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J Clin Invest. 1970 Aug;49(8):1479-88.

Lipid droplets in atherosclerotic fatty streaks of human aorta.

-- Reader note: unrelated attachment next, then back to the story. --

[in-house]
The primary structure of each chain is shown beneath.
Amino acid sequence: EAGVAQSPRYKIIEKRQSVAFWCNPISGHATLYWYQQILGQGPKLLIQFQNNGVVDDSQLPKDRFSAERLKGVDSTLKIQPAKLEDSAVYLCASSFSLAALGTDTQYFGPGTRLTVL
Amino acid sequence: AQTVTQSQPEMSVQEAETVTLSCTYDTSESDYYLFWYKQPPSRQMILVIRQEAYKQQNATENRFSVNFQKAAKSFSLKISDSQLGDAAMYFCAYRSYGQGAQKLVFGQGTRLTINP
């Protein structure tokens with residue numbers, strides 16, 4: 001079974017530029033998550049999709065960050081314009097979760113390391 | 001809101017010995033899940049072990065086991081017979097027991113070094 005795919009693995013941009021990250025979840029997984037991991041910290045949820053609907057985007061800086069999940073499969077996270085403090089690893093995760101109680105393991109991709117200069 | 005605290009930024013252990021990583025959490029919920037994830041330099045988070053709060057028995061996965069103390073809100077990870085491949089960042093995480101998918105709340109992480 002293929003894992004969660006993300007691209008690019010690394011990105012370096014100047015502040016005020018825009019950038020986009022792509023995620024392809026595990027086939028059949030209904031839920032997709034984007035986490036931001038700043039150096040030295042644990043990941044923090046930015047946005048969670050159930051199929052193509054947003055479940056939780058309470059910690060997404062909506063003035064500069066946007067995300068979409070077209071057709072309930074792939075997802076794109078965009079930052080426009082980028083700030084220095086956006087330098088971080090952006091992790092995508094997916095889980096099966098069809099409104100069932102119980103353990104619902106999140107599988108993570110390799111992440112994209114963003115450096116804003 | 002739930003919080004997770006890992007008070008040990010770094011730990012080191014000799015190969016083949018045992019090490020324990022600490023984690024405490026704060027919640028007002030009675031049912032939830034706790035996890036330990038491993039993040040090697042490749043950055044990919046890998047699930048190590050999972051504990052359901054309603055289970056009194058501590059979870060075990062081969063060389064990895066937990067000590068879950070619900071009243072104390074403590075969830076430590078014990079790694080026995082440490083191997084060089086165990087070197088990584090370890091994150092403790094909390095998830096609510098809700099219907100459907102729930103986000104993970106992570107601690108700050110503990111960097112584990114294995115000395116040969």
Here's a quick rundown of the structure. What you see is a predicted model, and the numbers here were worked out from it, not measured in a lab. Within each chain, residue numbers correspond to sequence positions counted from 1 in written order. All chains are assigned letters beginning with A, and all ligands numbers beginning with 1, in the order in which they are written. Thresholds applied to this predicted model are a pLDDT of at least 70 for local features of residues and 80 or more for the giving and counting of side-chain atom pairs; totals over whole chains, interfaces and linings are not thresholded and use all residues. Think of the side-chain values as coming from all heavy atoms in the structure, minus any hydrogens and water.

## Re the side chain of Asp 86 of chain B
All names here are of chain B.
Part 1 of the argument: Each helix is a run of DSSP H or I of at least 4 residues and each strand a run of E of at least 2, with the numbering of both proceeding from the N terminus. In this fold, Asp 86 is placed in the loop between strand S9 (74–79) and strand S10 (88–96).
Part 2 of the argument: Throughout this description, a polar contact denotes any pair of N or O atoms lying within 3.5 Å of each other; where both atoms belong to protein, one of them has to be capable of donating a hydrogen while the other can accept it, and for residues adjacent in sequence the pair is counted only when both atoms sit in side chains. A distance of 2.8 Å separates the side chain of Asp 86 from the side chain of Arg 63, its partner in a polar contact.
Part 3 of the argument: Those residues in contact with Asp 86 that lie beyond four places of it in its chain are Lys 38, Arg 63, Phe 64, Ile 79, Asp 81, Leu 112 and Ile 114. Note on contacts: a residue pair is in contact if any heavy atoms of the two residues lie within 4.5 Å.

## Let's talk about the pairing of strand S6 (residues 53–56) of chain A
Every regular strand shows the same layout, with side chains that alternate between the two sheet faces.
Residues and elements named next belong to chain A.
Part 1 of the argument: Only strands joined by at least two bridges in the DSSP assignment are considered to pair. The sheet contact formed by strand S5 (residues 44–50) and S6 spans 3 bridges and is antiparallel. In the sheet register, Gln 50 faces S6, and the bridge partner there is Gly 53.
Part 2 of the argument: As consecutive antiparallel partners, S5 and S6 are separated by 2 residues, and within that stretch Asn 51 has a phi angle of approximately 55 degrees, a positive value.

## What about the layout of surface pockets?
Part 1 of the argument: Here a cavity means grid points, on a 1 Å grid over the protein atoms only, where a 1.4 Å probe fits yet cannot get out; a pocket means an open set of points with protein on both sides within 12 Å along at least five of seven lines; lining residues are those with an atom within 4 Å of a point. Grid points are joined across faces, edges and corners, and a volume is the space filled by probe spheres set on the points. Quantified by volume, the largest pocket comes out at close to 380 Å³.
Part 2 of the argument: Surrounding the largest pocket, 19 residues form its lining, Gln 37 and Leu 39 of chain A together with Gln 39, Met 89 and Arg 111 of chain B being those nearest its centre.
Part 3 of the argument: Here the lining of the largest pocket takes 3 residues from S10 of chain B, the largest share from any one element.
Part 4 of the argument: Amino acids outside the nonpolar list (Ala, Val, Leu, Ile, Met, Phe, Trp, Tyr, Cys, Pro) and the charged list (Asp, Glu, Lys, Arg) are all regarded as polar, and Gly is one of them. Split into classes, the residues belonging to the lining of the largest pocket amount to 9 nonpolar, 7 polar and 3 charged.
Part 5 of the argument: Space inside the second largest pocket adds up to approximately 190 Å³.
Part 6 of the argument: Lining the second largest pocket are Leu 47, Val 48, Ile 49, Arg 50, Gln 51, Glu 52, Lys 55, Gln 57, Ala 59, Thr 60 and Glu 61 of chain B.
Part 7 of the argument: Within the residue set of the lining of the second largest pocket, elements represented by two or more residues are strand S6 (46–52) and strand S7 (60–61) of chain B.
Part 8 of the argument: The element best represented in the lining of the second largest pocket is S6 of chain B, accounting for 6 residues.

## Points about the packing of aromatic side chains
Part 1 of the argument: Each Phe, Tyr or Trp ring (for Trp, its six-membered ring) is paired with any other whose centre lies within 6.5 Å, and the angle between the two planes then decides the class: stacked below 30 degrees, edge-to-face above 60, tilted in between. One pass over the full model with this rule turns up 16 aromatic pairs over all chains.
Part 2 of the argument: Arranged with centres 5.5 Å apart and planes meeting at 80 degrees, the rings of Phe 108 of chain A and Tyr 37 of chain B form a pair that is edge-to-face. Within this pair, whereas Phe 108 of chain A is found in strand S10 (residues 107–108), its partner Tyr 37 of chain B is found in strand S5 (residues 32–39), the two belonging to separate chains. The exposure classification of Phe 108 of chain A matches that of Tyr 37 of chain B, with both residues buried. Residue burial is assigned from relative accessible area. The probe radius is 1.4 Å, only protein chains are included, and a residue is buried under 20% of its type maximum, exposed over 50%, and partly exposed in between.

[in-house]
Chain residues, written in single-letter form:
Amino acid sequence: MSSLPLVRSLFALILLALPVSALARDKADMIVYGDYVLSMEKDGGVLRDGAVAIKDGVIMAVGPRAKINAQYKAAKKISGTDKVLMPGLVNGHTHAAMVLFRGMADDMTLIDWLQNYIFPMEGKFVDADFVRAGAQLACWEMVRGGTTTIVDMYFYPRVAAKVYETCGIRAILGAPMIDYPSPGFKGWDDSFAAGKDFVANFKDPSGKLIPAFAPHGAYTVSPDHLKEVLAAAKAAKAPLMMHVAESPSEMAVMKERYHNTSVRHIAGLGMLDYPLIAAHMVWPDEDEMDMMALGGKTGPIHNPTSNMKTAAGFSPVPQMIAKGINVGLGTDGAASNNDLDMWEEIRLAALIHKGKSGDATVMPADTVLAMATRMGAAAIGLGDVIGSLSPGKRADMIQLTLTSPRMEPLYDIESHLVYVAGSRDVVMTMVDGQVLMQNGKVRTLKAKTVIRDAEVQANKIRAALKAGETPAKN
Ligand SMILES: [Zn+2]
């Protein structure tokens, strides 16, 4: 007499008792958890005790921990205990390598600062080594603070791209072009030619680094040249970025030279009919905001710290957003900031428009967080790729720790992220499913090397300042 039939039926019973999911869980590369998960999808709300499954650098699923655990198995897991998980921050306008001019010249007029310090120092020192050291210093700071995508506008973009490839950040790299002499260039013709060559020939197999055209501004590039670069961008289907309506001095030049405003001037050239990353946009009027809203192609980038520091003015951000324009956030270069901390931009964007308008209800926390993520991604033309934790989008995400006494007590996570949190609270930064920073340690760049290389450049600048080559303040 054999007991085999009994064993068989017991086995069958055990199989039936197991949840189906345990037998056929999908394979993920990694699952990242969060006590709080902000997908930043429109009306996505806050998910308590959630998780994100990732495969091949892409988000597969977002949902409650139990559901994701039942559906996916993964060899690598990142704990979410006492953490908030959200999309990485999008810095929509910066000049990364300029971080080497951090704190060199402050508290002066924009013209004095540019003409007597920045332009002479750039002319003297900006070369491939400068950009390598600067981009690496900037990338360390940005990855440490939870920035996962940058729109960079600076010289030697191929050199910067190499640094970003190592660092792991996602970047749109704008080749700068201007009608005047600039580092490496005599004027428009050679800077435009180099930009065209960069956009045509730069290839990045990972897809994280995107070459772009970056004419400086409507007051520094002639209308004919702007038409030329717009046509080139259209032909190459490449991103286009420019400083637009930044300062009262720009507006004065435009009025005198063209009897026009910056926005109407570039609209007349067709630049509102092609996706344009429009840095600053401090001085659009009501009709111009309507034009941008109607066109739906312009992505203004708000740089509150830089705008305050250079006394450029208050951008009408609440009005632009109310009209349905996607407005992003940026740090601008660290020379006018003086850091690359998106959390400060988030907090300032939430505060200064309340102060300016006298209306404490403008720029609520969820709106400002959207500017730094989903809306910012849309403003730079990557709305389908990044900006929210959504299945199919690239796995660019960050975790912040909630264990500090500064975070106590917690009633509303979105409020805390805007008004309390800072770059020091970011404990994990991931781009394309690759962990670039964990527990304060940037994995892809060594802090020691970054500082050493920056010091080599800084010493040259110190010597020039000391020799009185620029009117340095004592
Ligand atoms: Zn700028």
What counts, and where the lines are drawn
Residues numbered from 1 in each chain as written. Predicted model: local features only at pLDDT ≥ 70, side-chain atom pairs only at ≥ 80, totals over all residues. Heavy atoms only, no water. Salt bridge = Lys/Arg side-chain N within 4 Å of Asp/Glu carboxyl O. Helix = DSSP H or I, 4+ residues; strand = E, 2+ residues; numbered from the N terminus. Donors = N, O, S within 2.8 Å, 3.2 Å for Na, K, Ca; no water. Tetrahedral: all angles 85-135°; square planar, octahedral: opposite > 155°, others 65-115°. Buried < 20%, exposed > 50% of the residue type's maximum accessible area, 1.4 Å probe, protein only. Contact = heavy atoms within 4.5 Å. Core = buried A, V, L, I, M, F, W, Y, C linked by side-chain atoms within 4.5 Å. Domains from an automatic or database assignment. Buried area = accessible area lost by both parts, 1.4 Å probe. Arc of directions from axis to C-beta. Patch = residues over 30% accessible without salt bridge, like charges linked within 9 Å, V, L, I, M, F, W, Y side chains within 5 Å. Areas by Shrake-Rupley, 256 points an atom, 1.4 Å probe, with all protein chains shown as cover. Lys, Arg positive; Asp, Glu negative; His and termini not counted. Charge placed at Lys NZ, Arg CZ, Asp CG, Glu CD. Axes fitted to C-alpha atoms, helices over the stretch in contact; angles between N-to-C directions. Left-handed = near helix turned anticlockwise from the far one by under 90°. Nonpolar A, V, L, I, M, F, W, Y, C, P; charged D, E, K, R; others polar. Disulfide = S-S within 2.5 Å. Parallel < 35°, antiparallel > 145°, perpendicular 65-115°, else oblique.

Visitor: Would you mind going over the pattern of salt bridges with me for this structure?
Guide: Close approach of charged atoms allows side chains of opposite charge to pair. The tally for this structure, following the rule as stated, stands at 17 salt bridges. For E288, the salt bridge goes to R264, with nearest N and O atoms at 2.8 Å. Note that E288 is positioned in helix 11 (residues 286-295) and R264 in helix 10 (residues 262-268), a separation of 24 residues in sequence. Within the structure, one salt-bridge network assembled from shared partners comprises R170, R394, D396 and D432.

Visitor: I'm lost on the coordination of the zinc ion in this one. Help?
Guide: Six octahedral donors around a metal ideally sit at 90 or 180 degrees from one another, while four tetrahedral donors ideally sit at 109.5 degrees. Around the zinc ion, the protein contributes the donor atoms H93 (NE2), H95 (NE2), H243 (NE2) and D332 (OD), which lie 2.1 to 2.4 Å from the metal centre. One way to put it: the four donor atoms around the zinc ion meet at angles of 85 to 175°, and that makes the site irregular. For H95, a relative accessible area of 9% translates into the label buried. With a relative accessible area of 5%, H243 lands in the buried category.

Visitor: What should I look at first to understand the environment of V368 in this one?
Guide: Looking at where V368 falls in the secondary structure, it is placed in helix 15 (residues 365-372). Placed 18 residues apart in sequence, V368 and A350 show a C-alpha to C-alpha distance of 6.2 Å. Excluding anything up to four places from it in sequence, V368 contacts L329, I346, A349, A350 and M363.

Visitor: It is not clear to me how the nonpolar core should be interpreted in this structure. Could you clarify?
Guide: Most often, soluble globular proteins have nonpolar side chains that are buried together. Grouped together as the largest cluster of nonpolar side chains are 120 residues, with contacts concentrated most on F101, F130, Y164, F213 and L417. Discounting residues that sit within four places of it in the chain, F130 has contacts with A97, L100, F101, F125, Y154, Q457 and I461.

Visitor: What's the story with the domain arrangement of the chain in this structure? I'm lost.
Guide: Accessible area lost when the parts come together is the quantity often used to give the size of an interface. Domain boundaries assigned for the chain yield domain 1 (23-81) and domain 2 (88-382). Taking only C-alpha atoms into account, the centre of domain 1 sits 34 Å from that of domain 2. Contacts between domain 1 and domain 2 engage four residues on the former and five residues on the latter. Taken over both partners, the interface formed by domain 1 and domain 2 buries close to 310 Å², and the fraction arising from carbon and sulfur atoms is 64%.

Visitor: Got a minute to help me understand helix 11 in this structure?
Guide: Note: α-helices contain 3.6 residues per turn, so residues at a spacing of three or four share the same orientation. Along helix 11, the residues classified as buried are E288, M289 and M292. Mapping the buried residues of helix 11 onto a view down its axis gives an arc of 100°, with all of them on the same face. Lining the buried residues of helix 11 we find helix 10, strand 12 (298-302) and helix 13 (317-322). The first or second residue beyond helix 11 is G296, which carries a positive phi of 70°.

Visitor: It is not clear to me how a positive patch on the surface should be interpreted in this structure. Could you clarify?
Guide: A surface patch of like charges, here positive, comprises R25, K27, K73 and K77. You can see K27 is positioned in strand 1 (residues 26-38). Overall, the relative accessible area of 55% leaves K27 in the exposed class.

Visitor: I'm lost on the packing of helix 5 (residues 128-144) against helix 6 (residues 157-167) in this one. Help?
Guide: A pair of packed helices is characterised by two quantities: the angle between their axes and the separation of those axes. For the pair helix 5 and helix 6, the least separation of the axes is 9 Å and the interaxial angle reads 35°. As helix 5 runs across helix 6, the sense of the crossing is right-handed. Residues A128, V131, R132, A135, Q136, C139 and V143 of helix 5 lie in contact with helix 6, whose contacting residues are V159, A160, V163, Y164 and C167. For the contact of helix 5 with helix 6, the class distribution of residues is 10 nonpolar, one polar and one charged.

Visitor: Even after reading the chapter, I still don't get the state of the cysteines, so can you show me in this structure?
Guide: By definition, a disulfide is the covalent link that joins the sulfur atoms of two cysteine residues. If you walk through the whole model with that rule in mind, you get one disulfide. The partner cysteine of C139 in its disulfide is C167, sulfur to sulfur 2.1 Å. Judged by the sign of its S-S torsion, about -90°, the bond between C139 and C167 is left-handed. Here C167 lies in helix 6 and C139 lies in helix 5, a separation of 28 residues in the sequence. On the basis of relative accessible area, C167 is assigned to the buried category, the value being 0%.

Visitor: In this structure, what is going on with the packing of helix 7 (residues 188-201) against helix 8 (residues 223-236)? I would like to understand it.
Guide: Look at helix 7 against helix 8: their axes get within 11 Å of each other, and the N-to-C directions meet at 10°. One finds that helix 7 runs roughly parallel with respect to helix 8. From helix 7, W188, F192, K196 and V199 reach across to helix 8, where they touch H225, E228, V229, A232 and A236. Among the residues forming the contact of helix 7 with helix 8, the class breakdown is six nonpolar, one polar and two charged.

Preparations of lipid droplets and droplet-free tissue residue (cytoplasm + membranes + nuclei) were obtained by homogenization and centrifugal separation from intimal fatty streak lesions of aortic atherosclerosis of 21 adults who had died suddenly. Neutral lipids and phospholipids were analyzed by quantitative thin-layer chromatography and cholesteryl ester fatty acids by gas-liquid chromatography. Optical properties of droplets were evaluated by differential counting and sizing procedures with the polarizing microscope. The droplets occurred in mixtures of two forms distinguished by their optical properties, anisotropic (i.e. liquid crystals) and isotropic (true liquids). Both forms had average diameters of about 1.8 mu, with a range of 0.5-5mu. The proportions of the two forms varied with temperature as individual droplets changed their form; anisotropic forms averaged 83.7% at degrees C and 37.8% at 37 degrees C, with isotropic forms being 16.3 and 62.2% respectively. The proportions of anisotropic forms at 22 degrees C decreased with age. These forms were not separated for chemical analysis. The droplets contained about half the lipid in the lesions. The composition of the lipids of the droplet mixture was remarkably uniform and strikingly different from that of the droplet-free residue, respectively: cholesteryl esters 94.9% vs. 38.7%, free cholesterol 1.7% vs. 18.6%, total phospholipids 1.0% vs. 38.6%, and triglycerides 2.4% vs. 4.0%. The proportions of individual phospholipids, with the exception of lysolecithin, were also different between the preparations. In the droplets only the proportions of lecithin correlated positively with the proportion of anisotropic forms (at 22 degrees C). Droplet cholesteryl esters were particularly rich in oleic acid and when compared to residue esters had more palmitoleic (+0.7%), oleic (+12.3%), and eicosatrienoic (+2.4%) and less palmitic (-2.2%), linoleic (-12.4%), and arachidonic (-1.6%) acids. The proportions of most individual fatty acids of droplets and residue correlated positively. The lipids of the residue closely resemble those reported for the normal intima.The observations that these droplets are prominent in the morphology of the fatty streak lesions, and that their high content of oleate-rich cholesteryl esters is similar to that reported for analysis of the whole lesions, suggest that the droplets may be involved in the pathogenesis of the fatty streak lesions of artherosclerosis in man.

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